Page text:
Formally, defining the rotation and translation transform of joint i as \mathbf{A}_i and the concatenation of two transforms as * we can write the world space transform of joint i as

\mathbf{W}_i = \mathbf{A}_1 * \mathbf{A}_2 * \dots * \mathbf{A}_i

for the sequence 0,1,2,..,i-1 of parents of joint i. This gives us a simple method of computing the world space transforms of all joints in the skeleton. In order to deform the skeleton over time, all we need to do is animate the local transforms \mathbf{A}_i of the joints. This is usually done via keyframe animation, where we store a sequence of deformation parameters over time. For example, if we want to animate the bend of the elbow joint we’d store the sequence of rotation values for the elbow joint along with the corresponding animation time as a sequence of (rotation,time) values. At runtime we’d search the sequence for the rotation value that best matches the current animation time and then change the rotation of \mathbf{A}_i to represent that value.

Please note that we’ve implicitly encoded the rotation of a given joint and the translation of it’s corresponding bone into one transform. Thus, in the so defined skeleton we don’t need to distinguish between bones and joints anymore and we will use the term bone and joint interchangeably.

Let’s look at some code now: I defined a character’s skeleton as a simple class that stores the list of joint transforms as a stl vector of 4×4 Matrices. In order to represent the hierarchy structure, I store the index of each joint’s parent as integer value in another stl vector:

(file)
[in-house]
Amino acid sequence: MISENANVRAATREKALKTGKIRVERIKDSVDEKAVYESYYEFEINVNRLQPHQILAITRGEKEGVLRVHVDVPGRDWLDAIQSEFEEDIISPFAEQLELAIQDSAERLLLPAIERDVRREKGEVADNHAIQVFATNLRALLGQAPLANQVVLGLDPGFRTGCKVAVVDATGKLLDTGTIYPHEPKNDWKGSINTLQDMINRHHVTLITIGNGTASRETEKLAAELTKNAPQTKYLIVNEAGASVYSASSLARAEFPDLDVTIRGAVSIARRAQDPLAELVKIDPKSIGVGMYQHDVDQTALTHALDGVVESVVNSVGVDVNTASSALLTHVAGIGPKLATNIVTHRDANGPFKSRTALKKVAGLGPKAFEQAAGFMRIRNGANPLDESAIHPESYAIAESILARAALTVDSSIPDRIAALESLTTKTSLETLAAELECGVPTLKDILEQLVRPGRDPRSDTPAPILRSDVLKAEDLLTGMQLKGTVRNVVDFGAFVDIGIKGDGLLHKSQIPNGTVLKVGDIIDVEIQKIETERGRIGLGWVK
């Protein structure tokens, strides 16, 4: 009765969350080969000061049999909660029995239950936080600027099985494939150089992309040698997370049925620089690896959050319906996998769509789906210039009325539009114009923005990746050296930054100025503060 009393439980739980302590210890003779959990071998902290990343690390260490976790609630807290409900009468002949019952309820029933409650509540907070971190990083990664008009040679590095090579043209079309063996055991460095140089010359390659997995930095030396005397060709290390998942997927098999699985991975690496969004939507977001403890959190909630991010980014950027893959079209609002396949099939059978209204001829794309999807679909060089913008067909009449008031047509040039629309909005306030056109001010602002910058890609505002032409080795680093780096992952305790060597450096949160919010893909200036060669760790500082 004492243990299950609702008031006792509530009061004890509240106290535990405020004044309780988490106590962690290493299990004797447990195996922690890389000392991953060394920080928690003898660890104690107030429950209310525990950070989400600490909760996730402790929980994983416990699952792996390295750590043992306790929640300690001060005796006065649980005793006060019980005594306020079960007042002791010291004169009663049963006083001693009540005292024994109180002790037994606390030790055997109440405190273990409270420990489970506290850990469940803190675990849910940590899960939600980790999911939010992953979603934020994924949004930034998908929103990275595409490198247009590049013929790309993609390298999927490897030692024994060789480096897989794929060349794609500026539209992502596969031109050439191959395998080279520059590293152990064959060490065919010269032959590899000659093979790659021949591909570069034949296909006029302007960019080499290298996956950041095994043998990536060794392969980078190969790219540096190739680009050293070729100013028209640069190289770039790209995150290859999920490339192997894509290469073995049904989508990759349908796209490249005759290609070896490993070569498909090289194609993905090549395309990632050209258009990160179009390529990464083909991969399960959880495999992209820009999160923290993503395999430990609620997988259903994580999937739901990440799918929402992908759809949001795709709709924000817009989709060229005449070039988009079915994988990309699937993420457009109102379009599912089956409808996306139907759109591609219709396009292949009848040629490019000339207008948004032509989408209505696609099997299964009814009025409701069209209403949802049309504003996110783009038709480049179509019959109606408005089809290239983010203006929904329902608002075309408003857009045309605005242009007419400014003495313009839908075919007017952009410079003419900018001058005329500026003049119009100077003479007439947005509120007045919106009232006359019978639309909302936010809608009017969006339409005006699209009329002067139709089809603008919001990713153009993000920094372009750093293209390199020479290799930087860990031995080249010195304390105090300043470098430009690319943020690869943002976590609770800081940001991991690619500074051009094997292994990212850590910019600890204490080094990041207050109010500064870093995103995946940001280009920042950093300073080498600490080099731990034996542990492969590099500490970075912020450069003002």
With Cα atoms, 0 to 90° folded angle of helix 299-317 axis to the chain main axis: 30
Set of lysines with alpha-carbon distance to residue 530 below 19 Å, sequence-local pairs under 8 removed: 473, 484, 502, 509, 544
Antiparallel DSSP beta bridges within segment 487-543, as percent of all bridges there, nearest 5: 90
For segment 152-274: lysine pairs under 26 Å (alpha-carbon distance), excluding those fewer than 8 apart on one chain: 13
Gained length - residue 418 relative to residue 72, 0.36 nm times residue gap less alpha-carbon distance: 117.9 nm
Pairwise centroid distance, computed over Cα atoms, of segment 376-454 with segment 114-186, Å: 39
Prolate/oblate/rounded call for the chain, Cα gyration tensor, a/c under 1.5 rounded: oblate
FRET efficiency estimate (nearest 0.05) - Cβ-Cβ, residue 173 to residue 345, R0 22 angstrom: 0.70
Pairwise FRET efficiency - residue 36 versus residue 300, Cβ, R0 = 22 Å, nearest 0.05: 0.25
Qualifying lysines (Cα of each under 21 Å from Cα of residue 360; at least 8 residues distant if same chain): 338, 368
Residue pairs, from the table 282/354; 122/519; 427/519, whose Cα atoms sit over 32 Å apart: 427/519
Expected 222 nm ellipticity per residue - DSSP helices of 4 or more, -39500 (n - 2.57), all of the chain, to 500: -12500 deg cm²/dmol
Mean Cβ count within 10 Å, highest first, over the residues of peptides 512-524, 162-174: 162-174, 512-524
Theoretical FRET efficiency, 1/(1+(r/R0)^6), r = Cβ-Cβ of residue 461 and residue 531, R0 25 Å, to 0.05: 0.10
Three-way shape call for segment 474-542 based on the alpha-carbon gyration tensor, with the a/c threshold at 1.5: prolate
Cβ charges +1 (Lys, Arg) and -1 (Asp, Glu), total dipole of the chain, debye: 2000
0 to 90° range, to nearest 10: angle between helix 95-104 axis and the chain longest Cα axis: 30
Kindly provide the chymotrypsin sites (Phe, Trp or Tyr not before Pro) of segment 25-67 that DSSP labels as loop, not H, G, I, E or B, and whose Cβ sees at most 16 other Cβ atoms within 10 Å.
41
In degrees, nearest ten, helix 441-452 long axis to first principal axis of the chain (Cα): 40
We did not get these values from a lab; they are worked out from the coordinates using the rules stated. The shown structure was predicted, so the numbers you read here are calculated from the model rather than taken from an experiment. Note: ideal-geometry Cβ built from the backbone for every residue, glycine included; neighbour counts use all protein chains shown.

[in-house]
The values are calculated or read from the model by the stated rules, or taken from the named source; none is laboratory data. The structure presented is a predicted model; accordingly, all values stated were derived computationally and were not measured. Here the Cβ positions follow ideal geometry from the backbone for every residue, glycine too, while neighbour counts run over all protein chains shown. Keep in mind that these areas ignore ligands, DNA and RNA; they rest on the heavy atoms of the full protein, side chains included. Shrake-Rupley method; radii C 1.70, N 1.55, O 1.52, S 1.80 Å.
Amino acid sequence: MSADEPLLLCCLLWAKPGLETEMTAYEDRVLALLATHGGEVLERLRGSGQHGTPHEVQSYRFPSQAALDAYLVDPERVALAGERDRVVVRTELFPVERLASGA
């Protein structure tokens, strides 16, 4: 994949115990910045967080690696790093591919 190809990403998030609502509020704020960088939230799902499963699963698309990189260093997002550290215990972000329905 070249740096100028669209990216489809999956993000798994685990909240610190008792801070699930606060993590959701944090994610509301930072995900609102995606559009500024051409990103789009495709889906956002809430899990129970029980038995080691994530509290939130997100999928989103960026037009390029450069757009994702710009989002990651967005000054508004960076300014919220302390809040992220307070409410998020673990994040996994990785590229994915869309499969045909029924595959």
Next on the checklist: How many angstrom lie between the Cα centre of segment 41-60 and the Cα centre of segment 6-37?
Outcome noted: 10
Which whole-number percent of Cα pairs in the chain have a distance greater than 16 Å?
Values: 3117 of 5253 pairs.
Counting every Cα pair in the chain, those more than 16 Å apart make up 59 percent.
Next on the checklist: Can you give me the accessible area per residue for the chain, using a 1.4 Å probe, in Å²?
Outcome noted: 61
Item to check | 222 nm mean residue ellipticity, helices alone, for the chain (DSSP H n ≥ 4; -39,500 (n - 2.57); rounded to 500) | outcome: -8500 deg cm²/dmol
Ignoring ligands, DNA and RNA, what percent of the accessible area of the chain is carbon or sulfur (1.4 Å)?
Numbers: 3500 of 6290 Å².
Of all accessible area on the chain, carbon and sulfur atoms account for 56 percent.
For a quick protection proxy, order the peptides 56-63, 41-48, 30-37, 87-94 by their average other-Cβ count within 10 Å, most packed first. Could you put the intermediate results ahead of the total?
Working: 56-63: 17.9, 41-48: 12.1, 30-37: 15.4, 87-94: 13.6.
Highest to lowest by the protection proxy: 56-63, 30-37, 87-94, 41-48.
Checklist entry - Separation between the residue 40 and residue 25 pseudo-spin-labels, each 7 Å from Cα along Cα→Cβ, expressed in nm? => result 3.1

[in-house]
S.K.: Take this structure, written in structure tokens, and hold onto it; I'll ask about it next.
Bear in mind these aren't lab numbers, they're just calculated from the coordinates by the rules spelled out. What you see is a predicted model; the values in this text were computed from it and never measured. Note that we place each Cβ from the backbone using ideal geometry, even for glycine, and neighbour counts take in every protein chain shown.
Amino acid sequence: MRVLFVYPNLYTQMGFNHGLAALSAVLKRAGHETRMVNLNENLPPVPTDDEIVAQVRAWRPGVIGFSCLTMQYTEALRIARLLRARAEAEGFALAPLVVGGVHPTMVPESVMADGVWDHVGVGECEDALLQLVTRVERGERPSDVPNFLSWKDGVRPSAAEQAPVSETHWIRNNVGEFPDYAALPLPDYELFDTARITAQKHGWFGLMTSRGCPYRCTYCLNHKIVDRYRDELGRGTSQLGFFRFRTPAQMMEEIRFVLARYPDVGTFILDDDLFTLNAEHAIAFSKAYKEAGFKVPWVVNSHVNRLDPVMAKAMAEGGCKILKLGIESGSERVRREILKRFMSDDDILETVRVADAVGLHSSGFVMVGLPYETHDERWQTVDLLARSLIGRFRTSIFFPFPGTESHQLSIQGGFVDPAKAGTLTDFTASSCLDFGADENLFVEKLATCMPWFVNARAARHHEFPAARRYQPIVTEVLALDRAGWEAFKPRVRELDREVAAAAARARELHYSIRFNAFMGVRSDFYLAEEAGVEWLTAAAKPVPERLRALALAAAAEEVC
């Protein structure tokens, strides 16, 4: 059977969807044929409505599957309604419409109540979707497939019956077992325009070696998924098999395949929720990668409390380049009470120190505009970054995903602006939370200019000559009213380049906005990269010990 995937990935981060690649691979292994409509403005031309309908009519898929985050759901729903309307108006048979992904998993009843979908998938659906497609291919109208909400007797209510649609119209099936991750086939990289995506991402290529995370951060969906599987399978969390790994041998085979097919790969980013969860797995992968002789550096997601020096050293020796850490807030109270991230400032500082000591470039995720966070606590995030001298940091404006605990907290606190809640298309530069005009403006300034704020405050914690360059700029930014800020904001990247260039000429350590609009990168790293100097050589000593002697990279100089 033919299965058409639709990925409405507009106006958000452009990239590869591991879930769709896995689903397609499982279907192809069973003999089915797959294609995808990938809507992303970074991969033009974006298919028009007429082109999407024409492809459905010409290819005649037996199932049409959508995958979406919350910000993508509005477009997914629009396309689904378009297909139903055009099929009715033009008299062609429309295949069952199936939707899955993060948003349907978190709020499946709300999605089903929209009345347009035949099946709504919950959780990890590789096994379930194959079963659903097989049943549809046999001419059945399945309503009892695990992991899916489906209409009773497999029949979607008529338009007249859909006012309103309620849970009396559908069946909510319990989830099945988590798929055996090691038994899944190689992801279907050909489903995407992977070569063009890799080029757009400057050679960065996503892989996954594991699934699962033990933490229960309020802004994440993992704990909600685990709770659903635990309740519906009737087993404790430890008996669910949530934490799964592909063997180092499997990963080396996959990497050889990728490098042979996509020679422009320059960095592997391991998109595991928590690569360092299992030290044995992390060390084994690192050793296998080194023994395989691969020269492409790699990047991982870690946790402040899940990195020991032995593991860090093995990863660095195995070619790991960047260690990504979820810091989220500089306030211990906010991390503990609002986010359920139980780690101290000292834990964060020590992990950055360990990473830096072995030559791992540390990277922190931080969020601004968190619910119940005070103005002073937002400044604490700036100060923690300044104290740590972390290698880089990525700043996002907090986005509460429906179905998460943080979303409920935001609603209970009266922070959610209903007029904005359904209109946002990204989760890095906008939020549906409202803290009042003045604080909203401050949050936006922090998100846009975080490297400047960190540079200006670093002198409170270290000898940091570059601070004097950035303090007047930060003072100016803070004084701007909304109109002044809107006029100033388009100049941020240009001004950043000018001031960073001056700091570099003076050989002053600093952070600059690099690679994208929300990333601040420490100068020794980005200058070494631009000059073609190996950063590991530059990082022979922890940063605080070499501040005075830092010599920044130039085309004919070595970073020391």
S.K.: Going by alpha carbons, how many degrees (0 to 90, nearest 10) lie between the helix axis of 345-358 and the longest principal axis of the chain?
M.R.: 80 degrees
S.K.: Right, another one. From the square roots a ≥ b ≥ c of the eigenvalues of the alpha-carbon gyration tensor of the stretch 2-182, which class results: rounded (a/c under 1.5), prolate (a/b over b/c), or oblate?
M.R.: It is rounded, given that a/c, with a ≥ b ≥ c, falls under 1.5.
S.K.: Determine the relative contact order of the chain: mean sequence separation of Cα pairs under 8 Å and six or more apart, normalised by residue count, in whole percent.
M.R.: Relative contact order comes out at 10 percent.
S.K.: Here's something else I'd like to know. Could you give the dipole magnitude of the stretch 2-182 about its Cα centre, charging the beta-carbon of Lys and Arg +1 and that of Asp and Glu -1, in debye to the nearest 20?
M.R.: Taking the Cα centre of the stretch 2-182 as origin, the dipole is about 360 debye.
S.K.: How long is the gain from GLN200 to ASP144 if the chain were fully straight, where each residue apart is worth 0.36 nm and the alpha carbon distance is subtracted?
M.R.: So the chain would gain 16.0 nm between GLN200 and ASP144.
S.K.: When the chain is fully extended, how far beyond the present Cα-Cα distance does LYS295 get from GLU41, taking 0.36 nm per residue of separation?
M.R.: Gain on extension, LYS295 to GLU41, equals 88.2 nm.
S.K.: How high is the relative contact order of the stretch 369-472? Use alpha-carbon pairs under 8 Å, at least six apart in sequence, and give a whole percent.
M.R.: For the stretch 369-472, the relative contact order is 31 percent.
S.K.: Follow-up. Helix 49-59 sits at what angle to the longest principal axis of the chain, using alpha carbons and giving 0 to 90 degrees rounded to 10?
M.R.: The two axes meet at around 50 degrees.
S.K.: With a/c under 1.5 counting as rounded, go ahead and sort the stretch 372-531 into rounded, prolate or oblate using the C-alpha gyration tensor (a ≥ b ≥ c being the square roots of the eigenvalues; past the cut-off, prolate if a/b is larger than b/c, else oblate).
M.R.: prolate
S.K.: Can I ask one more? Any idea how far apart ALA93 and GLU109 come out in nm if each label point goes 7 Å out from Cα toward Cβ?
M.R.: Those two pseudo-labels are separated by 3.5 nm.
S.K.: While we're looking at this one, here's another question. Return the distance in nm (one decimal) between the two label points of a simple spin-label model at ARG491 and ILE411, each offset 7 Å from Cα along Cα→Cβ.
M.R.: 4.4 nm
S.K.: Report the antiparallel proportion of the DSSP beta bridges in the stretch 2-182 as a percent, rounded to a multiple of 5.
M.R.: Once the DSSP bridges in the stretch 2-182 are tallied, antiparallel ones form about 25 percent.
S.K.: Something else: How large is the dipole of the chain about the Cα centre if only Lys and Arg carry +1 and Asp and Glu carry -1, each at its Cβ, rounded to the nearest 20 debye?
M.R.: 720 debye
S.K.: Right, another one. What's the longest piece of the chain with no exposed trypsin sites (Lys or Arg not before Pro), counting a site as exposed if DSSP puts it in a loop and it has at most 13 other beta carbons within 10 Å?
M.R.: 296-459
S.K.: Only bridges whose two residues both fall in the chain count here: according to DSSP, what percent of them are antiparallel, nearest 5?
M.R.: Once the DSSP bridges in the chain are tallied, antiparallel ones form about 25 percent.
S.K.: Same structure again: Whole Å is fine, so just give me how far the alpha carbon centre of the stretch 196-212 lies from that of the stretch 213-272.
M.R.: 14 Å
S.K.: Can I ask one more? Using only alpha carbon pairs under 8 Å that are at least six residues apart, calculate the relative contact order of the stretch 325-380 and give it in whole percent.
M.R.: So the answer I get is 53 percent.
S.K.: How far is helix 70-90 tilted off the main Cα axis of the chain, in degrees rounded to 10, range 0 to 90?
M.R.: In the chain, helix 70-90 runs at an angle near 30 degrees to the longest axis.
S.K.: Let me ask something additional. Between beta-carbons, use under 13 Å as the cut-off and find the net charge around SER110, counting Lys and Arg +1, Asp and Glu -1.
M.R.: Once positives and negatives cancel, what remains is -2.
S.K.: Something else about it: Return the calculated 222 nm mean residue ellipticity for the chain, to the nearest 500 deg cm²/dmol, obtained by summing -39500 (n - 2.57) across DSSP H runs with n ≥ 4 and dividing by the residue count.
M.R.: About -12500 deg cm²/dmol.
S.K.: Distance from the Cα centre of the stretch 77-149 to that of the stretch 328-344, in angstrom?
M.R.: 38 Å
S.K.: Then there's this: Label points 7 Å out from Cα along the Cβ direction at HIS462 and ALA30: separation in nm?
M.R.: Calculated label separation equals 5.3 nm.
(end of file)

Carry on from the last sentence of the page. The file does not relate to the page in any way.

class Skeleton
{
    std::vector<aiMatrix4x4> mParents;
    std::vector<int> mTransforms;

    …
};

In this convention we can find the transform of a given joint i in mTransforms[i] and it’s parent in mParents[i]. If a given joint doesn’t have a parent I set mParents[i] = -1;. As discussed above, we can now simply compute a joint’s world transform by concatenating it’s local transform with the transforms of all parents:

aiMatrix4x4 Skeleton::getWorldTransform( int bone ) const
{
    int p = mParents[bone];
    aiMatrix4x4 result = mTransforms[bone];

    while( p <= 0 )
    {
        result = mTransforms[p] * result;
        p = mParents[p];
    }

    return result;
}

Links

The model renderer v.0.1

Allright, so here I was, having defined a couple of DataConverters like so:

// Used for positions, normals, tangents and bitangents and 3D texcoords
struct aiVector3DConverter : public ArrayDataConverter

// Used for colors
struct aiColor4DConverter : public ArrayDataConverter

// Used for 2D texcoords
struct aiVector3DToFloat2Converter : public ArrayDataConverter

These simple definitions allowed me to convert Vertex positions, normals, Colors and UVs to a DirectX 9 compatible data format. After model loading, I simply create a list of converters for each data stream in the mesh and then gather all vertex elements (via CopyType()) and the actual data (via CopyData()) into the corresponding buffers:


// build vertex declaration
std::vector vertexElements;
{
    for( unsigned int i=0; i<converters.size(); ++i )
        converters[i]->CopyType( vertexElements );

    D3DVERTEXELEMENT9 endElement = D3DDECL_END();
    vertexElements.push_back( endElement );

    context->Device()->CreateVertexDeclaration( &vertexElements[0], 
                                                &result.m_pVertexDeclaration );
}

// now create vertex buffer
{
    const int vertexBufferSize = importedMesh->mNumVertices * result.m_VertexSize;
    context->Device()->CreateVertexBuffer( vertexBufferSize, 0, 0, 
        D3DPOOL_DEFAULT, &result.m_pVertexBuffer, NULL );

    BYTE* vertexData;
    result.m_pVertexBuffer->Lock( 0, 0, reinterpret_cast( &vertexData ), 0 );

    BYTE* curOffset = reinterpret_cast( vertexData );

    for( unsigned int v=0; vmNumVertices; ++v )
    {
       for( unsigned int i=0; i<converters.size(); ++i )
              converters[i]->CopyData( &meshData.mVertexData[v * meshData.mVertexSize], v );
    }

    result.m_pVertexBuffer->Unlock();